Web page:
Thursday, April 28, 2011

Bakhita: From Slave To Saint

A Sudanese girl captured and enslaved by Arab Muslim slavers in the Darfur province circa 1869 A.D.  She was forcibly converted to Islam and given the name "Bakhita" which means "lucky" in Arabic.  She was sold and resold several times and was brutally treated by all her owners.  One Muslim owner whipped her to tattoo her as "his".

Her last owner, an Italian Christian, moved her (escaped more like it) to Italy where she eventually won her freedom through the Italian courts because Catholic Italy didn't recognize the institution of slavery.  She left her owner and joined the Canossians, a religious order.

During her time in Italy she was befriended by a village priest and converted to Catholicism.  After being freed from slavery she entered the Canossians as "Josephine Margarita Afortunada" in 1890 A.D., receiving Holy Communion for the first time from the Cardinal Patriarch of Venice himself.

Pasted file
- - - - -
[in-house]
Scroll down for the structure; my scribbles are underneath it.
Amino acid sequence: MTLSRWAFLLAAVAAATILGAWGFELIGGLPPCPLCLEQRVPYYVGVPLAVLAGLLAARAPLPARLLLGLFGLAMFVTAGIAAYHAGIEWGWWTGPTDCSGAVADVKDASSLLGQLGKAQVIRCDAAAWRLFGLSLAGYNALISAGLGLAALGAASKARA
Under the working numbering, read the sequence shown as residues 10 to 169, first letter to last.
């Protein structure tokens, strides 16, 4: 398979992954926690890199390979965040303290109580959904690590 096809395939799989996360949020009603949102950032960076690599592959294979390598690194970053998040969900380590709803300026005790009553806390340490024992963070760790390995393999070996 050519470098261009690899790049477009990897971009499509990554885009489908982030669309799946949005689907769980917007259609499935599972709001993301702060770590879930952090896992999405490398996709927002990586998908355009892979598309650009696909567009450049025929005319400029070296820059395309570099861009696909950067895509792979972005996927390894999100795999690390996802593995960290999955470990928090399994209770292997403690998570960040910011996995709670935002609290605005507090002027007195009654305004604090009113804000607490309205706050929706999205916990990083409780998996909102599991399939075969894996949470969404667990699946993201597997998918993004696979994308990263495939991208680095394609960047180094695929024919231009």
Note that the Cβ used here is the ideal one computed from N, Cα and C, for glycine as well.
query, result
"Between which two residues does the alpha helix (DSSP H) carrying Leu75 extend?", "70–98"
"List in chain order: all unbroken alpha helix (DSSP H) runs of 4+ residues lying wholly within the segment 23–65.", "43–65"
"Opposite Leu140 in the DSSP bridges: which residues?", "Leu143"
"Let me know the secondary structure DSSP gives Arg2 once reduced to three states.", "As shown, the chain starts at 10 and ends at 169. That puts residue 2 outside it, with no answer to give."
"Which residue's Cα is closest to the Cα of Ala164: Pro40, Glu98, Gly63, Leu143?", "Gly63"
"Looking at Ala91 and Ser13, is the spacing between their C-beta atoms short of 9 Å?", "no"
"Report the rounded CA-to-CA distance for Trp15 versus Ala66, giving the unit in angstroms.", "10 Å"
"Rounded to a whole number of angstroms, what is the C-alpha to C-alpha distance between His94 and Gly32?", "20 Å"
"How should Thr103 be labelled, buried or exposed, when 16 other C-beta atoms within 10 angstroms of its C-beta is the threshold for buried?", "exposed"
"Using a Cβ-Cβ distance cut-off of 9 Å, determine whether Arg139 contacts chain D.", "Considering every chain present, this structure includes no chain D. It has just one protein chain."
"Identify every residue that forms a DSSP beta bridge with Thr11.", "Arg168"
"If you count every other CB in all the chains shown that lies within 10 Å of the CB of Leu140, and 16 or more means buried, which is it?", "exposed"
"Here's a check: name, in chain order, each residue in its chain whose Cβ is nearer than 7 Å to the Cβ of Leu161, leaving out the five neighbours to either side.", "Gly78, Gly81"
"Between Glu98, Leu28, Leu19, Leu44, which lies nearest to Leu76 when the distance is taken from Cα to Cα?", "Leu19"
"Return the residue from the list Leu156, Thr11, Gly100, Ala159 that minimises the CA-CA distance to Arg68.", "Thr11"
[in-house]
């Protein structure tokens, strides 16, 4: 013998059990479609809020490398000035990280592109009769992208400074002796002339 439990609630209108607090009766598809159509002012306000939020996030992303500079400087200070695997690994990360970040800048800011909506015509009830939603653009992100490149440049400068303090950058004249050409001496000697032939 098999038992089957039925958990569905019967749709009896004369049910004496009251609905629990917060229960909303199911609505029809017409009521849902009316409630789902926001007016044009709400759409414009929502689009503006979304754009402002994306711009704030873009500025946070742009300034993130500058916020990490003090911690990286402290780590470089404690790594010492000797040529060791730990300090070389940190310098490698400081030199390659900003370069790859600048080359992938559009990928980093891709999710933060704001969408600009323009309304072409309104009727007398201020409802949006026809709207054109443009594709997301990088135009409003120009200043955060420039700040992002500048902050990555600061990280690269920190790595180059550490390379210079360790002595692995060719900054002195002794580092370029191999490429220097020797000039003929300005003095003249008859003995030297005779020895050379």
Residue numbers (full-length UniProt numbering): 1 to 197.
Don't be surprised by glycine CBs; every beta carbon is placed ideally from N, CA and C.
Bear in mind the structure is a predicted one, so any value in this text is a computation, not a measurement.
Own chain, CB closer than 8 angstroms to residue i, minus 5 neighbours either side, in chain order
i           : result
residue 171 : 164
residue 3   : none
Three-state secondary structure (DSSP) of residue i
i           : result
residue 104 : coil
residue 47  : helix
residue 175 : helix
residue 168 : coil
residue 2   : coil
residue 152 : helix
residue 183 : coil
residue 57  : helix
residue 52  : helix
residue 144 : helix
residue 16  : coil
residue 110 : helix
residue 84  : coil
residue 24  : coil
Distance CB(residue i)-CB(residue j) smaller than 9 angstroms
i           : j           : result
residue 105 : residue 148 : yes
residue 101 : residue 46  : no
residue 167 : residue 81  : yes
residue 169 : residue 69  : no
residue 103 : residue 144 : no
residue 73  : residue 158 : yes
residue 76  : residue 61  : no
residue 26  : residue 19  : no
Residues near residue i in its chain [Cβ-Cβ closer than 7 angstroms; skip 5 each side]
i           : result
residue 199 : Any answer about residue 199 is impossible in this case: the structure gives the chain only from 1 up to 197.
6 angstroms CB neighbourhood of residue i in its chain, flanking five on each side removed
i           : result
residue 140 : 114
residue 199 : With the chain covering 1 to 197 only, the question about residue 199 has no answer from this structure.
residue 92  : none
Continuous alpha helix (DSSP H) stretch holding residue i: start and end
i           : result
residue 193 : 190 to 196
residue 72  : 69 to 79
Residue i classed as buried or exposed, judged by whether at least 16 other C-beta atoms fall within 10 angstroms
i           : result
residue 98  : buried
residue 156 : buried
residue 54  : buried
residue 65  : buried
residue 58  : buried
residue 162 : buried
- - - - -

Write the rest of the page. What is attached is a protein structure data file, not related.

Saint Bakhita's life as a slave was always that of giving and charity with gentleness and a smile.  She continued these virtues as a religious.

Her legacy was that of transformation that is possible through suffering. Her story of deliverance from physical slavery also symbolizes all those who find meaning and inspiration in her life for their own deliverance from spiritual slavery.  Reflecting her own material life of being forced to convert to Islam and finding peace and love in the arms of Christ as a Catholic.

Hat Tip: Carl Olson of Ignatius Insight Scoop

Get my CVSTOS FIDEI blog posts feed

Blog Archive

A highly modified template. Powered by Blogger.

Google Analytics